Speaker, on Sunday after our church service, a young lady with a one-month-old baby in her arms came to ask for prayer. She told my wife that she was raped by a young man visiting their neighbour. When she was asked whether she reported the matter to the police, she said that her mother advised her against reporting it because she was afraid that the rapist would come back to kill them after his release on bail.
Thousands of victims of rape in our country have similar stories to tell. They are afraid to open cases against their abusers, who always threaten to kill them if they report their crimes. As a result, and according to the Medical Research Council's latest report, only 1 in 25 women in Gauteng report rape, which is shameful.
Last year, the Independent Police Investigative Directorate informed the Portfolio Committee on Police that about 35% of the complaints they receive from the public are about the failure of the SA Police Service, SAPS, to arrest perpetrators of violence and abuse. Why should our people be told to report criminal activities when, in some cases, the police allegedly refuse to open cases? Why should they be told to blow the whistle on crime and corruption when the state fails to protect whistleblowers or apprehend perpetrators of crime?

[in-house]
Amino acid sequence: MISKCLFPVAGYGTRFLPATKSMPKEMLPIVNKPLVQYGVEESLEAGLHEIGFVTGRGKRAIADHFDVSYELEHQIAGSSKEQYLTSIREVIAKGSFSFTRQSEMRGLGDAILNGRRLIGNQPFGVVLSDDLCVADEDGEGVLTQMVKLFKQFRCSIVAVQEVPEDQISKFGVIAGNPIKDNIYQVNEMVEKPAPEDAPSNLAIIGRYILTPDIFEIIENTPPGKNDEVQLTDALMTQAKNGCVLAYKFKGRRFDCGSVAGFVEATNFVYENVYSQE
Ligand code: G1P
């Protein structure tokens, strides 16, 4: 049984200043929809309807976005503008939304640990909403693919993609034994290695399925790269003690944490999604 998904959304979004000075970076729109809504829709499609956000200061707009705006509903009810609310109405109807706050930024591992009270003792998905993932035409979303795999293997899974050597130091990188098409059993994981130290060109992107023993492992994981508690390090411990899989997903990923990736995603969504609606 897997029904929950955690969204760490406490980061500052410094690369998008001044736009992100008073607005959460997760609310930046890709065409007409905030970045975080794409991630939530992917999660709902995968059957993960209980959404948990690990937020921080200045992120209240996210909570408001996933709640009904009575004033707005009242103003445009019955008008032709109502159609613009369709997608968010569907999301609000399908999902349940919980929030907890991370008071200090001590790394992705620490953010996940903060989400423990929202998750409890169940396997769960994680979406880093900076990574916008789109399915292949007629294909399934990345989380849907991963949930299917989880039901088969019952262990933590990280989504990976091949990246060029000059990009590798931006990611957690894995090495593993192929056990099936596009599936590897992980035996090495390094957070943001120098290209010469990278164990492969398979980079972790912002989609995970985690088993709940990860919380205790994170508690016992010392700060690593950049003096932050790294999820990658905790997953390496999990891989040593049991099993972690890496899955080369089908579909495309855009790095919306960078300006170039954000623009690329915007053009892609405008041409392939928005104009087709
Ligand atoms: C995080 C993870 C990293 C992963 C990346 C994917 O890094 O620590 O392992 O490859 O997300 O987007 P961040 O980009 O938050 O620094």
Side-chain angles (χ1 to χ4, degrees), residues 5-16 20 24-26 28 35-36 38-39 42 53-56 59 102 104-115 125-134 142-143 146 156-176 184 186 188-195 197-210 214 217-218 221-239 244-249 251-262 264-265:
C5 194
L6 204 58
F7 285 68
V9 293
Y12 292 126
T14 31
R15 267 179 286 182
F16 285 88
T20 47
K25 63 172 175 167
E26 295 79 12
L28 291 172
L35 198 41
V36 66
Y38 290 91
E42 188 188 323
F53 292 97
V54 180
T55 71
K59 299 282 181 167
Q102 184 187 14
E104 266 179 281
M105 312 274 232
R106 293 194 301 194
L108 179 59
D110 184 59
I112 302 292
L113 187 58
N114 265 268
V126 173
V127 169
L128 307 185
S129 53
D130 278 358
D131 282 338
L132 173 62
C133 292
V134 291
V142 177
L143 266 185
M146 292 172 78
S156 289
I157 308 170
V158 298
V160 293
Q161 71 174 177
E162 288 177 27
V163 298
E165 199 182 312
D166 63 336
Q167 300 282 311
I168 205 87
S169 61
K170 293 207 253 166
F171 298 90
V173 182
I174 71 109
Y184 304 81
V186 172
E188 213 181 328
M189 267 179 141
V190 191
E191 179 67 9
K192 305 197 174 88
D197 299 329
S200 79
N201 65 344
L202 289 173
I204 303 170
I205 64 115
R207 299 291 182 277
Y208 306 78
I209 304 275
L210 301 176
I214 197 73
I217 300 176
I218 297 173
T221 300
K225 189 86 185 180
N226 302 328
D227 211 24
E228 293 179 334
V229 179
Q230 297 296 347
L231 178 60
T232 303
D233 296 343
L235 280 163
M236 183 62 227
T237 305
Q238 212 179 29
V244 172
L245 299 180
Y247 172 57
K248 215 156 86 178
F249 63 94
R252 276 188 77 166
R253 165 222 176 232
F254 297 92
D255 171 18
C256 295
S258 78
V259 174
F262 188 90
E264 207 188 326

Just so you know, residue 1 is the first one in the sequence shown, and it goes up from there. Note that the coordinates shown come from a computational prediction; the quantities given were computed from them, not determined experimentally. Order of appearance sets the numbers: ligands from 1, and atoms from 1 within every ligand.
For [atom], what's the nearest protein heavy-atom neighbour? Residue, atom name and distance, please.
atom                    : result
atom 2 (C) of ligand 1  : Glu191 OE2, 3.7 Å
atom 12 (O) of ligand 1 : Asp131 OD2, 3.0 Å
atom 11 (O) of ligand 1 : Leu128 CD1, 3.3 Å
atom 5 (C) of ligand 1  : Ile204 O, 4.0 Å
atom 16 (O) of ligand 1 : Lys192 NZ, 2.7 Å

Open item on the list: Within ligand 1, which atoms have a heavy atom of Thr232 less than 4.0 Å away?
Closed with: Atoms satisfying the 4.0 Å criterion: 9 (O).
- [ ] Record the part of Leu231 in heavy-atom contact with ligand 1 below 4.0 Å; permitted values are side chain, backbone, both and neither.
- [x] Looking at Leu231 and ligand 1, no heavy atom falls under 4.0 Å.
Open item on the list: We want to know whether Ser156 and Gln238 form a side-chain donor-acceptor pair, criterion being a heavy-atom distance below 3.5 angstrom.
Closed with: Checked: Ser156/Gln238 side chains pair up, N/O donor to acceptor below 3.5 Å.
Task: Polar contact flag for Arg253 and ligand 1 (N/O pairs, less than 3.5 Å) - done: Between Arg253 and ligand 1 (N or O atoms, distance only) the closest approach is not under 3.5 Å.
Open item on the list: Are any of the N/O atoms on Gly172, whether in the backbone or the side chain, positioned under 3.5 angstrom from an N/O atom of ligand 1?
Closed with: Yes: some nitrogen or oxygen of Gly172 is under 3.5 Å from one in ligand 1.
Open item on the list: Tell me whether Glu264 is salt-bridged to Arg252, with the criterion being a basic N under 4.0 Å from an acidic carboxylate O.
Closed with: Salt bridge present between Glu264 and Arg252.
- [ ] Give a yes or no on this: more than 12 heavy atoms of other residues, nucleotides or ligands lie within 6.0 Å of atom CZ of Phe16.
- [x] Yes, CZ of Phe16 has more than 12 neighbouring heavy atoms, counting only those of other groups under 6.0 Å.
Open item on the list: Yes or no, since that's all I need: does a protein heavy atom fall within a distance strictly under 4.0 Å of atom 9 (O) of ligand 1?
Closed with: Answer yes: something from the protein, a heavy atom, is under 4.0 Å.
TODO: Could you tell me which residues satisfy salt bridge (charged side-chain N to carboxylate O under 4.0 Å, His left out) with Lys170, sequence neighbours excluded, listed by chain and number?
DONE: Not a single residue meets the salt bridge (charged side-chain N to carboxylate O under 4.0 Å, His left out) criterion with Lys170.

In the Northern Cape a woman who asked for a lift home from a policeman, thinking she would arrive home safely, was raped by the same policeman, whom she trusted.
According to the Police Minister, in the financial year 2011-2012, 91 SAPS members were charged with rape. Where should our people go for help if they cannot turn to the police? When will these crimes committed by members of the SAPS come to an end?
The ACDP appeals to the Minister of Police urgently to deal with criminals who are hiding behind police uniforms, and to use all the available resources to prioritise restoring public confidence in the police before South Africa turns into a lawless republic. Thank you. [Applause.]